What support is available to me during separation?When people are considering separation, many will initially ‘go it alone’ with working through the various processes; the things they need to consider when separating, dividing their property, parenting issues, getting a divorce etc. But to get through the process ensuring all your rights and entitlements are protected, you’re actually much better off taking advantage of the swathe of professionals that can assist you.

Separation is difficult enough without feeling like you’re totally on your own

There are several stressful traumatic events that can occur in an adult’s life:

  1. Death of a loved one.
  2. Change of career or unemployment.
  3. Buying and selling houses.
  4. Ongoing sickness to you or a loved one.
  5. Separation and/or divorce.

No matter how amicable people are, separation is stressful

No one walks into a relationship or marriage knowing that it is going to end with appointments booked at a family lawyer’s office.

There is often sadness, shame and grief. When there are children involved, then there is often guilt.

A team will always be stronger than an individual

To get through this process with the best support in place, it can be invaluable to have a great team of people on your side who work collaboratively together to get you an outcome.

Your team could include some of the following professionals and advocates.

  1. Your family lawyer – often it is the lawyer who assists with decision making for both parenting and financial matters. They will consider a number of parts (the law and other factors) to support you in the pathway towards a settlement.

It is the lawyer who collates the multiple parts to bring it together to negotiate.

By having a lawyer who is used to working with a team of people (within and external to their law firm) to reach a settlement, can only improve your chances of a successful negotiation.

  1. Your accountant – often when your relationship or marriage breaks down, the last thing you want to do is go through the ins and outs of your finances. Working through assets, liabilities, income, expenses and financial resources can be both exhausting and tricky. By having a great relationship with your accountant, they can often do a lot of the hard work for you.

When your relationship does irretrievably breakdown, we recommend you get in touch with your accountant and ask for their assistance in collating a balance sheet of your assets, liabilities, superannuation and any other financial resources.

  1. A therapist – whether it be a counsellor, psychologist, life coach, general practitioner or any other health professional experienced in assisting people with their mental health, we recommend you find one.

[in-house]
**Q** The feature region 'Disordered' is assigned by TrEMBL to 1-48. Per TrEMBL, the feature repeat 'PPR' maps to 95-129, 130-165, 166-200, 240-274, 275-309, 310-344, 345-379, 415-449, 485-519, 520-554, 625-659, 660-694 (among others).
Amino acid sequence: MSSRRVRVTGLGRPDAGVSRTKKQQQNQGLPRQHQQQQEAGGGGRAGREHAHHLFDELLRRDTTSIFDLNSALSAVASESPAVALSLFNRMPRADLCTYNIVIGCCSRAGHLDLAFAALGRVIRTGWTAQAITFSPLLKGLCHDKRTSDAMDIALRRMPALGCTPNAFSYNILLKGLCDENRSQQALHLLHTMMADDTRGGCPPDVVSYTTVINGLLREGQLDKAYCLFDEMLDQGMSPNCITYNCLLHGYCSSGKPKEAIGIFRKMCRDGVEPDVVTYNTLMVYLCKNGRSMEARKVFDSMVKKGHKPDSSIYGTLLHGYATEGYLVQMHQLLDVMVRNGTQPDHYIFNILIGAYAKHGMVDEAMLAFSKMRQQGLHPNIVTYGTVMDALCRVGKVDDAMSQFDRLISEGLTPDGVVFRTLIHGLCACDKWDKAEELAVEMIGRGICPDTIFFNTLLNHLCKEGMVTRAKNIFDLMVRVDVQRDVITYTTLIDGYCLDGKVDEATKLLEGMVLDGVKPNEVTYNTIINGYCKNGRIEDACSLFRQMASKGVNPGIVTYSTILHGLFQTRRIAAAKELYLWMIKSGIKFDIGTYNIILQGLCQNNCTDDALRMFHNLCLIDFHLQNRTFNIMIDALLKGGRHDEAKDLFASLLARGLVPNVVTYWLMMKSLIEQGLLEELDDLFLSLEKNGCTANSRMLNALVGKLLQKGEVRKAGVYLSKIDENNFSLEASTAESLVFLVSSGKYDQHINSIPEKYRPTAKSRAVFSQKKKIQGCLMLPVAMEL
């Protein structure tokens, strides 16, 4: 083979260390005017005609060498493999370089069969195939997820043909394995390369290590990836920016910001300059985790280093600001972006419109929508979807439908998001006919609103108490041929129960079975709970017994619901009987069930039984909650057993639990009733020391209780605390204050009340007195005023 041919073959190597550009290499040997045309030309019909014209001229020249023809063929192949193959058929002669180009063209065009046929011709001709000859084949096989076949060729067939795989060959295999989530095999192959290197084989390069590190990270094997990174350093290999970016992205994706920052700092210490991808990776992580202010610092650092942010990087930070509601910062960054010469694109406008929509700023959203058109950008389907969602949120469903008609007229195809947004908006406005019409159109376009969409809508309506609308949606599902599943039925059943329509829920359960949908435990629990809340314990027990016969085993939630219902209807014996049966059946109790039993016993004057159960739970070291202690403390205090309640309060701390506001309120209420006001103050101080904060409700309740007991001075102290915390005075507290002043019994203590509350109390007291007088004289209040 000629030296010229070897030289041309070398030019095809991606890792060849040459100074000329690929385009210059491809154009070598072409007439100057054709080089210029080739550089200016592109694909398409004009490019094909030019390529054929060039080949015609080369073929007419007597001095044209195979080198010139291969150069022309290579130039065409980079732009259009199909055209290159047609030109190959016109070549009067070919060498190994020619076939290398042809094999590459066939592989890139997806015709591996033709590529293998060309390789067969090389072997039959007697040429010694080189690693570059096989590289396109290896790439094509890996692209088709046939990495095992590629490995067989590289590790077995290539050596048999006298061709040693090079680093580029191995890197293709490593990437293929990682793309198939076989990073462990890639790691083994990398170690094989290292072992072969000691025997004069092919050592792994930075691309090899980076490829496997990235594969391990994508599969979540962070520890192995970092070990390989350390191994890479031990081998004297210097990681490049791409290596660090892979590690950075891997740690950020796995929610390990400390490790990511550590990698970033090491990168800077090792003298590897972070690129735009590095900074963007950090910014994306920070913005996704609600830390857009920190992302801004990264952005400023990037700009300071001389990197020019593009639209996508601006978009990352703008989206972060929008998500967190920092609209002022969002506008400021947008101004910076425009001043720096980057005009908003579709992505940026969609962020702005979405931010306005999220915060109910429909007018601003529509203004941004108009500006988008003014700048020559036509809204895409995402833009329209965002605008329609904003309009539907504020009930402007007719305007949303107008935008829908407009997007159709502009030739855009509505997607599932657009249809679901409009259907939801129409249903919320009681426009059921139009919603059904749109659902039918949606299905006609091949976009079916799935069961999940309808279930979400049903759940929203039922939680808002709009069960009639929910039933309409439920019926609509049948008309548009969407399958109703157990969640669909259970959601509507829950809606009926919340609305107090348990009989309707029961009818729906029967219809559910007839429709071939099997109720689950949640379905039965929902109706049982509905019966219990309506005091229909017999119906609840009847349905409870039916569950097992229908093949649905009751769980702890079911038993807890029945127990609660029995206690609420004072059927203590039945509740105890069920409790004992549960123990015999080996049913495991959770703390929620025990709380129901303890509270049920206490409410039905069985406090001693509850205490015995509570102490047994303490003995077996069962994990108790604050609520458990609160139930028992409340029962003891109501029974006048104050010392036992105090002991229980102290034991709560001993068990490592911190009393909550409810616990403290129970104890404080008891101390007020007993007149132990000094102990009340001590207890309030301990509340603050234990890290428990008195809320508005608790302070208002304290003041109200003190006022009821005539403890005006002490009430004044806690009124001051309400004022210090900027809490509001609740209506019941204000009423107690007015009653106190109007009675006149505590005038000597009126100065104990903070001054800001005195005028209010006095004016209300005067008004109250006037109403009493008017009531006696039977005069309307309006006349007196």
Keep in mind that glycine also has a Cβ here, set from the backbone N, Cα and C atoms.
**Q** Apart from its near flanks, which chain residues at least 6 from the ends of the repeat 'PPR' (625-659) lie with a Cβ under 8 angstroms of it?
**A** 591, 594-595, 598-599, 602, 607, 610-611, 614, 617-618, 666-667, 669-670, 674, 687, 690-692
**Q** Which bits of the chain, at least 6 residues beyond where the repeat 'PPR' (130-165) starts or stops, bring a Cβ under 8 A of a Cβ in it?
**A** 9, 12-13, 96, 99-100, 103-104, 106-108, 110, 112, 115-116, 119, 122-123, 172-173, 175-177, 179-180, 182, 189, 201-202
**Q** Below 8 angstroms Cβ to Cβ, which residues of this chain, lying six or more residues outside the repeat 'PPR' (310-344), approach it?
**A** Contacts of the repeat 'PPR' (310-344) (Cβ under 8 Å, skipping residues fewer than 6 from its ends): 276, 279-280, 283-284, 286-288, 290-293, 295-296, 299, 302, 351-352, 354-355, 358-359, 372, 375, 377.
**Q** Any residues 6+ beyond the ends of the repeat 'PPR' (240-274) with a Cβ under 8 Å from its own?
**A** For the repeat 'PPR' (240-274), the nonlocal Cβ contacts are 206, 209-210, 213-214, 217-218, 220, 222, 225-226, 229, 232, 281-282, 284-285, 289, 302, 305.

There is no doubt that this process is traumatic and difficult to reconcile. You are not only managing your own emotions, but you are also trying to deal with your former partner or husband or wife – and often those of your children.

Having a therapist who can assist you in getting through these times, can only put you further ahead in surviving the separation. Therapists often provide great advice to parents about assisting their children through this time and simple self-care measures to minimise the trauma on the individual.

  1. Your financial planner – whilst accountants play an important role in any separation, so do financial planners. Two houses are more expensive to run than one. By consulting a financial planner early in the process, they will assist in guiding you through making sensible financial decisions when it comes to negotiating a property settlement, spousal maintenance, child support requirements etc.
  2. Your children’s school – if you have children, you should let your children’s school know what is happening at home. With insight into the home environment, they can monitor your child at school and provide them with additional support.

Children present stress in multiple ways – they may act out behaviorally, they may retreat and not play with their friends, they may experience an increasing sore tummy when it comes to the end of the day or they may demonstrate signs of school refusal (often wanting to support their parent at home).

Give your child’s school some assistance by letting them know what is happening. Clarify your arrangements with regard to handover and seek any further support from the school should your child need it.

When all your team are heading in the same direction, this can only help in increasing your chances of a more successful (and likely peaceful) negotiation.

At Meillon & Bright, during your first appointment with our office, we reach out to you and ask you about your team. If you need assistance in finding members of your team to support you during the journey, we can always make recommendations for colleagues who we have worked with and achieved success for clients in the past.

Legal advice and assistance during COVID-19

We continue to provide skilled and experienced family law services during the coronavirus outbreak.

Our team is now largely working from home with remote access.

We are working closely with the courts, our colleagues and clients to ensure services to all new and existing clients are delivered efficiently and with as little disruption as possible.

You can contact us by phone or email to arrange a telephone or video-conference consultation.

Phone

WA:   08 6245 0855

NSW:   02 9238 1958

Email

reception@meillonandbright.com.au

You can find the most recent ‘Coronavirus and Client Services’ updates by clicking here.

About the Author

Today’s article is written by family lawyer Kristie Smith. You can learn more about Kristie’s expertise and experience here or get in touch with her directly about your family law matters.

The information contained in this article is of general nature and should not be construed as legal advice.